Derek Webb first appeared in the Christian music scene with the Texan folk-rock band Caedmon's Call. On their 1996 self-titled record, Caedmon's Call (their first national release), he was the angst-ridden voice, expressing doubts and agony that weren't common threads in CCM. Some instantly identified—people who'd always felt a bit out of place in the church, for whom doubts and struggles were constant. For other listeners, Webb was like the outspoken skeptic in your small group, the one who seemed suspicious of sentiments that were a little too warm and smiles that were a little too plastic. In nearly 20 years since, he's maintained that posture, agitating and provoking the very world his music inhabits.
Webb left Caedmon's Call in 2001 (though he's continued to collaborate on projects), launching his solo career with the record She Must and Shall Go Free (2003). On that record, Webb ran into trouble with Christian bookstores over language in the song "Wedding Dress," where he says: "'cause I'm a whore, I do confess / I put you on like a wedding dress." The controversy galvanized his fans even as the album was pulled from some shelves.
Controversy spread in other directions in the years that followed. On Mockingbird (2005) he criticized Christian justifications for war and mocked the idea that Jesus was a "white, middle-class Republican." Stockholm Syndrome (2009) caused a stir over his use of profanity. Shortly afterward, conflict emerged when he refused to make a public, doctrinal statement about homosexuality. (This controversy followed Jennifer Knapp, another CCM artist and Derek's friend, coming out as a lesbian.)
Scores of pieces have been written about these episodes, and I won't retrace them all here. Suffice it to say that Webb has a way of sustaining a place in the blogosphere. Some chalk it up to loose orthodoxy, but, I must admit, part of me sees something more calculated about it all. On the one hand, the church needs internal critics, voices that skate along boundaries and borders that make us uncomfortable. Much of the tension around him (including the kerfuffle over homosexuality) is rooted in presumptions (on both sides) about what level of responsibility artists have to be doctrinarian, and how public their doctrine needs to be.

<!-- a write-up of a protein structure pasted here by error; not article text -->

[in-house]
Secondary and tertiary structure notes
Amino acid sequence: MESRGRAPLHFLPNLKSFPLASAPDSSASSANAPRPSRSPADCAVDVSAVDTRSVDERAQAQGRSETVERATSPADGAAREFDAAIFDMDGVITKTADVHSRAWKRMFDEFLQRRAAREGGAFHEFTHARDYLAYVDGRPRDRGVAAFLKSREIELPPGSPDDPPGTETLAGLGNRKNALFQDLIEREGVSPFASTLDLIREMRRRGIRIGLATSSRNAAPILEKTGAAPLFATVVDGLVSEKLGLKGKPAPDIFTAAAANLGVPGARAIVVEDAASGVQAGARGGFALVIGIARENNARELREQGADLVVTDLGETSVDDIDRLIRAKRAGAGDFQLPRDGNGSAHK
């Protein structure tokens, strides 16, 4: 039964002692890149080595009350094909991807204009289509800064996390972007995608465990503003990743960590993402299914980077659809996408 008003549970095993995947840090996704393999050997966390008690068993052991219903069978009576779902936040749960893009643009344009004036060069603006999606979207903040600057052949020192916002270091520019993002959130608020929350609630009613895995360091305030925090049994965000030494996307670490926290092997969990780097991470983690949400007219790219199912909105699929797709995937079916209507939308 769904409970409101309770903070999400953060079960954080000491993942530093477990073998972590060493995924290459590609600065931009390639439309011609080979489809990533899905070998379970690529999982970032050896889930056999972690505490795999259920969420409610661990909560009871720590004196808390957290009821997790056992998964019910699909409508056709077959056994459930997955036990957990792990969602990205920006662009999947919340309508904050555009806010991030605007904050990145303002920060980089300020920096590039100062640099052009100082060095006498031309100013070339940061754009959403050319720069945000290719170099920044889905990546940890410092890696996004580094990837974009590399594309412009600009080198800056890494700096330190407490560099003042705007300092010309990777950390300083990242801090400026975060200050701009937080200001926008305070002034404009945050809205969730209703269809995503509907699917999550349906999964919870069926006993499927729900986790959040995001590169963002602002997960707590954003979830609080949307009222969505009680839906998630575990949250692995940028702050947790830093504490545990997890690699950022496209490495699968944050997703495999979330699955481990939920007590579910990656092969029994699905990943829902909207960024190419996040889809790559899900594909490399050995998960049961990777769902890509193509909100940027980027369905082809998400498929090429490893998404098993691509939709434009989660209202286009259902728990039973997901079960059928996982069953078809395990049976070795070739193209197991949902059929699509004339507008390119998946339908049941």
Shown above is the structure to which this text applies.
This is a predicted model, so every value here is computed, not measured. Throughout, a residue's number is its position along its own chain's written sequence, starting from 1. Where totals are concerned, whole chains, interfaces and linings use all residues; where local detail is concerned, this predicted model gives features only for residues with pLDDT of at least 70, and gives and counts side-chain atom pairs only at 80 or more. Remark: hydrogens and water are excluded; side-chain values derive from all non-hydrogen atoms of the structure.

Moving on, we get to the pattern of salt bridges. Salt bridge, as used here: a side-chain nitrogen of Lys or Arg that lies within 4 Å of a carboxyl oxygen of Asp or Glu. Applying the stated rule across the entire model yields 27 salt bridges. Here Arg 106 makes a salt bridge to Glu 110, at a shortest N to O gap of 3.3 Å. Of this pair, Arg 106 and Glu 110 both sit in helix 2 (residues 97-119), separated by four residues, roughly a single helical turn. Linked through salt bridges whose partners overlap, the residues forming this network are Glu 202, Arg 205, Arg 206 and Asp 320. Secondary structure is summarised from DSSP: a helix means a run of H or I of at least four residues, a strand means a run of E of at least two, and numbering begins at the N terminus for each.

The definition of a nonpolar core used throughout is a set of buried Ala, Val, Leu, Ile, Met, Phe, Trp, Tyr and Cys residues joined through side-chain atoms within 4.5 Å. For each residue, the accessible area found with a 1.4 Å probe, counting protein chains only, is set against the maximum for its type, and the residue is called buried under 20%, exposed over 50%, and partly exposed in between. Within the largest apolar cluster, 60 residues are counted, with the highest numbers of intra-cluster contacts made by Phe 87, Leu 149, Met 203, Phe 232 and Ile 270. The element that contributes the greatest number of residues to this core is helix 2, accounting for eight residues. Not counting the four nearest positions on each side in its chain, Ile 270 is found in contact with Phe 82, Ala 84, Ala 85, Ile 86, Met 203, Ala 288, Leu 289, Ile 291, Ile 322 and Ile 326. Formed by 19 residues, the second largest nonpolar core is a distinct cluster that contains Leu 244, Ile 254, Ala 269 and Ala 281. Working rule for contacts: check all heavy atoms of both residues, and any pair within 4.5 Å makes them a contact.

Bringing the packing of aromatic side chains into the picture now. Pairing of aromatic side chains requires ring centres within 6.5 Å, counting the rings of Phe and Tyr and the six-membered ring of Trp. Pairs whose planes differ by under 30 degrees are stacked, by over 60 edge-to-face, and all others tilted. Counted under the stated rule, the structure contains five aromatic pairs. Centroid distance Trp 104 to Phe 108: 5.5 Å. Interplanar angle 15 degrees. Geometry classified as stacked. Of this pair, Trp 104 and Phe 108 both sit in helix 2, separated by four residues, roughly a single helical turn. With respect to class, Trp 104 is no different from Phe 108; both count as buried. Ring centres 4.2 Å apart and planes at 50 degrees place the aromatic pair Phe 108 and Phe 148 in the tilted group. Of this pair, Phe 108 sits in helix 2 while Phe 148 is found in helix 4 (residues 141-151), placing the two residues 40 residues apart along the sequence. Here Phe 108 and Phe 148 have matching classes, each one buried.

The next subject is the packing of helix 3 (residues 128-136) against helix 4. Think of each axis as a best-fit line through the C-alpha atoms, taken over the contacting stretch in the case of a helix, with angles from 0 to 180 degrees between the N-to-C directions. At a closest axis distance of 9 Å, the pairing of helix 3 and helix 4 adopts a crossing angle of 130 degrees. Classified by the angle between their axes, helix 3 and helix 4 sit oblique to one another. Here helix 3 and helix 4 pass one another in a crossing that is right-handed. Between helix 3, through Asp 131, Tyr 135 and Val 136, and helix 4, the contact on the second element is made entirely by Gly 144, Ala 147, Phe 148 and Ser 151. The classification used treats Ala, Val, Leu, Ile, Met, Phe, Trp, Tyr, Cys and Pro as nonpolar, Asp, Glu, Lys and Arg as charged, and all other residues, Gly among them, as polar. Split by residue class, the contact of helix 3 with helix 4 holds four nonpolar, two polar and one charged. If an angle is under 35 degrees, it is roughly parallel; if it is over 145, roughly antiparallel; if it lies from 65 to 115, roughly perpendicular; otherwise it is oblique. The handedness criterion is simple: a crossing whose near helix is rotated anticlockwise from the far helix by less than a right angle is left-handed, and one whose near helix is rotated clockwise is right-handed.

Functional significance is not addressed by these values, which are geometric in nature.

On the other hand, Webb has proven himself a smart businessman. He co-founded Noisetrade, a digital music distribution website, and has insightfully written about the music industry and the work of being a "blue-collar musician." I wonder if there isn't just a bit of P. T. Barnum-inspired showmanship and calculation in the way these scandals erupt. "I don't care what you say about me," Barnum once remarked, "just spell my name right." Webb enjoys being a provocateur and an agitator, and I'd guess it's good for business too.
Church and Culture
All of this makes for a fascinating backdrop to Webb's newest record, I Was Wrong, I'm Sorry, and I Love You (2013). The album results from reflections on 10 years that have passed since he released She Must and Shall Go Free. He says of that first solo record, "Even after 10 years spent in churches and church culture . . . I still wondered if I had a particular role in the 'church' and if the 'church' had a necessary role in culture. Those questions not only led me to make my first album, but they also put me on a path as an artist that I am still navigating today."
I Was Wrong, I'm Sorry, and I Love You is, Webb explains, what She Must and Shall Go Free "would have looked like if I were writing it today, exploring the relationships between the church, the culture, and myself." To Webb, it feels like "an encouraging start to what I hope to be 10 more years of 'afflicting the comfortable and comforting the afflicted,' starting, as always, with myself."
Much of the content of his previous albums has a cynical edge, skewering Christian culture and its plastic veneer. (See, for instance, the song "Heaven" or "A King and a Kingdom.") On this album, however, Webb sets his sights on another target: himself. On the title track, he sings:
I welcome everyone but give 'em nothing when they arrive
or else build a house with no way to come inside
I've learned to hide my tears, learned to hold them deep inside and then sell my fears just to pick your pockets dry
I was wrong, I'm sorry, and I love you.
While Webb has always been known for his self-deprecating quality, this album lays his guilt bare. In "Eye of the Hurricane," he sings:
I loved every circle that I ran around my father's house
even prodigals have a good time till the money runs out